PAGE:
Despite the clinical importance of ischemia in the pathogenesis of many human neuropathies, little is known about the effect of circulatory compromise on the structure of peripheral nerves. This results in part from the lack of an entirely satisfactory model in which to study ischemic neuropathy. We therefore injected arachidonic acid, a potent stimulus to platelet aggregation and vasoconstriction, into the femoral artery of normal rats. This resulted in the rapid onset of focal infarction of the proximal posterior tibial nerve in all animals. Distally there was evidence of Wallerian degeneration but not of primary ischemic damage. The site and nature of the infarct and the temporal sequence of the pathological changes were highly consistent. This new method is a simple and highly reproducible means of producing experimental nerve infarction.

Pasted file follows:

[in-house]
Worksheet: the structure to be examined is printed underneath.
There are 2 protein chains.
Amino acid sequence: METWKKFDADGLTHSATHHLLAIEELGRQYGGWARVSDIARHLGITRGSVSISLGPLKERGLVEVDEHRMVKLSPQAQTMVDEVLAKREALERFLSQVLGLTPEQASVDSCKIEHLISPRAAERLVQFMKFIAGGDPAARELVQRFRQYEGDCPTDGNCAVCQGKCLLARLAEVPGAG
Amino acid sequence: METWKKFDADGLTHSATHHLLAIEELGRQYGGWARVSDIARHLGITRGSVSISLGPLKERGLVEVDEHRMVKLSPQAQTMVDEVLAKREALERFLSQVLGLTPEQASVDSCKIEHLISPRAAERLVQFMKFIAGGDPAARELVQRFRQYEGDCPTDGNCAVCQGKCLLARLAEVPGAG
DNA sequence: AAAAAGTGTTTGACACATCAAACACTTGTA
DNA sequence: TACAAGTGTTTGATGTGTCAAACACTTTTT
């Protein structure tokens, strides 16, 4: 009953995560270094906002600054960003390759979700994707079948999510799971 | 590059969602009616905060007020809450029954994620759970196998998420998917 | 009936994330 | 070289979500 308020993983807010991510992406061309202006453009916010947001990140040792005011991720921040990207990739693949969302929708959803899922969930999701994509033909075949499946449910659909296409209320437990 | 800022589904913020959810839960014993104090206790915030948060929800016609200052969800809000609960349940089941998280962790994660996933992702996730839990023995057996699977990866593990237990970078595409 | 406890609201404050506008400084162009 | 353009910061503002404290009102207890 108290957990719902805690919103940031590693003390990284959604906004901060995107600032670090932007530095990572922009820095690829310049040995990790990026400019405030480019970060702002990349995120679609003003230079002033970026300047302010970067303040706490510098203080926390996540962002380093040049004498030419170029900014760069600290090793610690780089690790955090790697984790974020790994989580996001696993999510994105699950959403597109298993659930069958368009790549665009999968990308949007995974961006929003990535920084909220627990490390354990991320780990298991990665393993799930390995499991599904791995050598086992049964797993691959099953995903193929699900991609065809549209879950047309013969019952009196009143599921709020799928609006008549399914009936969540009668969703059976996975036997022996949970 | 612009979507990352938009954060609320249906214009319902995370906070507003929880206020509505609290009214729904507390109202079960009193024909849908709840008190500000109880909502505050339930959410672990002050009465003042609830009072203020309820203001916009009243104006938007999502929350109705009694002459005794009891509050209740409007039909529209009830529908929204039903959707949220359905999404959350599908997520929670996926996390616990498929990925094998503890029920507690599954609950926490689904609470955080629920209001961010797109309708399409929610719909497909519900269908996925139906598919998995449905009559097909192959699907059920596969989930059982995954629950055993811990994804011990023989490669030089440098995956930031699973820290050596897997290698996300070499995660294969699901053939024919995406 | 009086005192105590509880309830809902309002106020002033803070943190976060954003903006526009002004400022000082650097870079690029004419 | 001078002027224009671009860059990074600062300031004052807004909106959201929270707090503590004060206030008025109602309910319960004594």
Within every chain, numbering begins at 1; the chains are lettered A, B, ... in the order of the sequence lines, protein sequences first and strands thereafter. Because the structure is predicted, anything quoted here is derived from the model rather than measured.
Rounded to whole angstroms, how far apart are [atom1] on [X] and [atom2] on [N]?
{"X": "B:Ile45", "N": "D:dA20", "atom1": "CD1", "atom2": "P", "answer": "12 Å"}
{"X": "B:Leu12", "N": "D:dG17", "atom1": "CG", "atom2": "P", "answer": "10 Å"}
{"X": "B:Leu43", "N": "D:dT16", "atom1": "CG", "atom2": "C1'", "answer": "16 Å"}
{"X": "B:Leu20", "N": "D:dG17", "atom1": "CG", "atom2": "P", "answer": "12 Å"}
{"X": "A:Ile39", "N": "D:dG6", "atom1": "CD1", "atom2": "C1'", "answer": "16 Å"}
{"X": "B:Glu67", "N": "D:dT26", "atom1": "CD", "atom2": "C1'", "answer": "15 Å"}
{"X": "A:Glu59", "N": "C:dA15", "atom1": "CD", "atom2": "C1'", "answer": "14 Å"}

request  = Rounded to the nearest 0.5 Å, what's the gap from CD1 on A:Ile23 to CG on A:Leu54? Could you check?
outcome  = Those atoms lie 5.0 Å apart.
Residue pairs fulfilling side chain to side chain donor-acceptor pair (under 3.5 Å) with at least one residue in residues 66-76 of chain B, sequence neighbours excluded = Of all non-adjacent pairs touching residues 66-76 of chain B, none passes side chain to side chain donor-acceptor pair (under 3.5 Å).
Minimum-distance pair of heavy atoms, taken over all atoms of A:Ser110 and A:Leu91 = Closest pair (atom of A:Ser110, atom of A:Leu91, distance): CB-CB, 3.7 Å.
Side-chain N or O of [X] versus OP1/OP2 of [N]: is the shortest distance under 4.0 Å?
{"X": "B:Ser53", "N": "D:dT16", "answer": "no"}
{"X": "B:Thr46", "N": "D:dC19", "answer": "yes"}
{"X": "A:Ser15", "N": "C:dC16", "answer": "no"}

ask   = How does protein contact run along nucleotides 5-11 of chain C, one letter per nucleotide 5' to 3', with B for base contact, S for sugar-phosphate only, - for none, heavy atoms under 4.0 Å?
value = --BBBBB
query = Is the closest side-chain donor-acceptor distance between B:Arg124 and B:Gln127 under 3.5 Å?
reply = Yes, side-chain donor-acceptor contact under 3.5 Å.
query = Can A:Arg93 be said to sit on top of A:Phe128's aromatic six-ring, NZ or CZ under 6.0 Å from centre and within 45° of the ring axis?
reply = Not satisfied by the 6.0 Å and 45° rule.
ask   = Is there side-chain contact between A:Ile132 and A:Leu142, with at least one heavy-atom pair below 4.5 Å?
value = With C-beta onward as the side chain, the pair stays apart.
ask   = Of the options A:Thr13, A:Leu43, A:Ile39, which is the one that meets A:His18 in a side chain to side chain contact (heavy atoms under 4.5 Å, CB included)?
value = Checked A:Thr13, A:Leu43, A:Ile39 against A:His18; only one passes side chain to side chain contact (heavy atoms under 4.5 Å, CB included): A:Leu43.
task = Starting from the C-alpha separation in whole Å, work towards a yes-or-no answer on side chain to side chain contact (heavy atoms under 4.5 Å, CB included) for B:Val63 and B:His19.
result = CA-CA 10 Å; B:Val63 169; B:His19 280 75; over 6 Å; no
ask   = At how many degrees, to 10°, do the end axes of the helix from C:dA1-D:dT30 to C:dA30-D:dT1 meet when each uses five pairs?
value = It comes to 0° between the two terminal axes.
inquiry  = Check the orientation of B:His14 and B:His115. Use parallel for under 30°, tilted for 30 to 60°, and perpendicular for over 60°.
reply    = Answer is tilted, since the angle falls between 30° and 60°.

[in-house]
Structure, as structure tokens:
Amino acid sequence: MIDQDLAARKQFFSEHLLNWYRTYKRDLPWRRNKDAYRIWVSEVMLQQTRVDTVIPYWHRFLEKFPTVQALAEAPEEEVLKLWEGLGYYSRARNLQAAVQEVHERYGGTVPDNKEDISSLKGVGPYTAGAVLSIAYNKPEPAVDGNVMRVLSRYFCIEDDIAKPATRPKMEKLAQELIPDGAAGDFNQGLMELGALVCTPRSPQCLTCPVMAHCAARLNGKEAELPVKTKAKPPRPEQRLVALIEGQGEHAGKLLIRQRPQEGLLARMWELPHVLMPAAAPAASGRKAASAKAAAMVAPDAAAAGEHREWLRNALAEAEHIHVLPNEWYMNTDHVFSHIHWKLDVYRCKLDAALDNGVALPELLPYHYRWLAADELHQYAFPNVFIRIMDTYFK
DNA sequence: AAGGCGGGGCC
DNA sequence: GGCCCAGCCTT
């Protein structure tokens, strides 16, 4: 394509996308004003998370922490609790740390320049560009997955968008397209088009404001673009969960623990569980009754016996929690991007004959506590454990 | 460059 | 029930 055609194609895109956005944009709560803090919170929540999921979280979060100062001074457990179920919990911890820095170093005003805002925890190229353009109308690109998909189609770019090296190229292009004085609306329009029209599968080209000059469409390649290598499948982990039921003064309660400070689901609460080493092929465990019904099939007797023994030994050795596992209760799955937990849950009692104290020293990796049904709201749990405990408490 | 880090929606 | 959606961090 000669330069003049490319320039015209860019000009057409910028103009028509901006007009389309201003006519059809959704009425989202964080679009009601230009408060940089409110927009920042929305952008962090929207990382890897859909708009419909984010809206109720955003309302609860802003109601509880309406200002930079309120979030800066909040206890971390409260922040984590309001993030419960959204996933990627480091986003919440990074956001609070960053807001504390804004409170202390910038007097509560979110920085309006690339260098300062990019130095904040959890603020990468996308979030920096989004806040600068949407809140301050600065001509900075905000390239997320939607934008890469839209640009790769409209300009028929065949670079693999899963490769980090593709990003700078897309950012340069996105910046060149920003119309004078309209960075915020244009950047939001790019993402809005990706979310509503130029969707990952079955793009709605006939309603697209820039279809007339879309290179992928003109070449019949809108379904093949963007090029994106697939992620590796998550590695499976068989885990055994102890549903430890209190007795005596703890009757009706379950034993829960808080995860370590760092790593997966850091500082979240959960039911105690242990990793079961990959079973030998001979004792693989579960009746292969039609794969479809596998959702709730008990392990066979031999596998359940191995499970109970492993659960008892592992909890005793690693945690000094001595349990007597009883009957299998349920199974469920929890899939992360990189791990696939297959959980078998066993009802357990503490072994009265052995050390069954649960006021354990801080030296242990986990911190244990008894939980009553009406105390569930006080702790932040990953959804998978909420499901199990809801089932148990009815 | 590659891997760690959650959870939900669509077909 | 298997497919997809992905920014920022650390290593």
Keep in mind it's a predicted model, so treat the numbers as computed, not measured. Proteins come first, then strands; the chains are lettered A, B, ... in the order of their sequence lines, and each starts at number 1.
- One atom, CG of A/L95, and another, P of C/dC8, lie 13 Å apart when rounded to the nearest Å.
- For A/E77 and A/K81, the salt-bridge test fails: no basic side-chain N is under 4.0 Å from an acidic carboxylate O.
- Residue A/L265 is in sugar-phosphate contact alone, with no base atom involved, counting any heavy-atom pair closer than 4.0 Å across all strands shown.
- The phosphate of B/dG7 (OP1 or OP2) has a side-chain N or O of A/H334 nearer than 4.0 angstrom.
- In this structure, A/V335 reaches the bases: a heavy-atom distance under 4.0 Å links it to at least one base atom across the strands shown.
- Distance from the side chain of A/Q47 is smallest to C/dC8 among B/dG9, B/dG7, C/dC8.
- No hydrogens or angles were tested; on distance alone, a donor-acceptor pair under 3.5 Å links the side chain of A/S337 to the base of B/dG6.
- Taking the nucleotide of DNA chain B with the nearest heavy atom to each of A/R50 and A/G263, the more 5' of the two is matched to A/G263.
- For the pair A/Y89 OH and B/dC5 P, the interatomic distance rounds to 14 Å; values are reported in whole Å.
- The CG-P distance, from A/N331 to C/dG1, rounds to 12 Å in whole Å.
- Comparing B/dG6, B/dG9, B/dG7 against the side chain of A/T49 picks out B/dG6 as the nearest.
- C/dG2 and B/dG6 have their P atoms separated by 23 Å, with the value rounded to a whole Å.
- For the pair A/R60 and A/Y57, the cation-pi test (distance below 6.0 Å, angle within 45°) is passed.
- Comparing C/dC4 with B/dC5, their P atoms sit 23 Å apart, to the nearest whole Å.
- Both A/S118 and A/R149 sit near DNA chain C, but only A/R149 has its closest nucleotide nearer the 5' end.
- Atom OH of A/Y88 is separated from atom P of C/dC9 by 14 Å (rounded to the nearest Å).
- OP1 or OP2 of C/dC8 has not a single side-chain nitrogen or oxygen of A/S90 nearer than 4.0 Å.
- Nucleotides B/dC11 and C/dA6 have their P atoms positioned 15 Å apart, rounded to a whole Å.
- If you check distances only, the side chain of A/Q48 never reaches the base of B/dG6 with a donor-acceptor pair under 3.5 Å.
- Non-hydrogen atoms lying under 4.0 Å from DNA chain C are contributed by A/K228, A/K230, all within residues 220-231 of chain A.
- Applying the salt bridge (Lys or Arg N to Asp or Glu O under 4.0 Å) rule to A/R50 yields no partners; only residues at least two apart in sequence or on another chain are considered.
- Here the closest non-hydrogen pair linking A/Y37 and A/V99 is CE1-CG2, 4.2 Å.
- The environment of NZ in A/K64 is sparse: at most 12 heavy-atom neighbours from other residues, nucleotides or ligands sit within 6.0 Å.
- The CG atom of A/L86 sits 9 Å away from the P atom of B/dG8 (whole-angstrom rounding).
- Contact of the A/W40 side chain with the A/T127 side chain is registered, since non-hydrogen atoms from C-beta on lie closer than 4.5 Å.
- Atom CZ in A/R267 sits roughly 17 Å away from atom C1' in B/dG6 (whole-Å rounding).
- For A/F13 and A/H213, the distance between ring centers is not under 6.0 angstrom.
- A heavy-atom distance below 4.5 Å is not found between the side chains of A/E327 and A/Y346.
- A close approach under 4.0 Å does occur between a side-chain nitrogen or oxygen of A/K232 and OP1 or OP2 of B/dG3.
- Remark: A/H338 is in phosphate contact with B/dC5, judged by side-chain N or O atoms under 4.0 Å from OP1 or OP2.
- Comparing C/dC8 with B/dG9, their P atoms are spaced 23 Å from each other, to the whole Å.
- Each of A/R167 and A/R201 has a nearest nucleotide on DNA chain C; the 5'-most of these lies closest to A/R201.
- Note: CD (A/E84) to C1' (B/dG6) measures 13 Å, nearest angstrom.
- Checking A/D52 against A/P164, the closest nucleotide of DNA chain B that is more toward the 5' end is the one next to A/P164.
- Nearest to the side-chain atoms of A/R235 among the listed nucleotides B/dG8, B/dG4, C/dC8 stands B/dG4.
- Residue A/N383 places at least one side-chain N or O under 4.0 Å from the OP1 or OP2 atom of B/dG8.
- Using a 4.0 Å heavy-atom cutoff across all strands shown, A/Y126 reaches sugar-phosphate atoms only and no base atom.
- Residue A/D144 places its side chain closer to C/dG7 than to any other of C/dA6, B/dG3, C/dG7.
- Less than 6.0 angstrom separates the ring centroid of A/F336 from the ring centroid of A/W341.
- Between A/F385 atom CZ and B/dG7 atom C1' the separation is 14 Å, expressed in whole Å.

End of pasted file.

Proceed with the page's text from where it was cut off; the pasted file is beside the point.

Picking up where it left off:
Bibliographical noteFunding Information:
Ischemia has been implicated in the pathogenesis of many human neuropathies, including those associated with diabetes mellitus, the collagen vascular disorders and amyloidosis (Asbury and Johnson 1978). Common to these conditions is an abnormality of small blood vessels, including the vasa nervorum. Neuropathy also occurs in some patients with severe atherosclerotic vascular disease, particularly when there is occlusion of small arteries and arterioles (Hutchinson and Liversedge 1956; Eames and Lange 1967; Daube and Dyck 1975). Ischemia may also play a role This work was supported by the Muscular Dystrophy Association of America, Inc. and by USPHS Grant No. NS-08075. Address reprint requests and correspondence to Dr. G.J. Parry, Department of Neurology, Hospital of the University of Pennsylvania, 3400 Spruce Street, Philadelphia, PA 19104, U.S.A. Dr. Parry was a Clinical Fellow of the Muscular Dystrophy Association.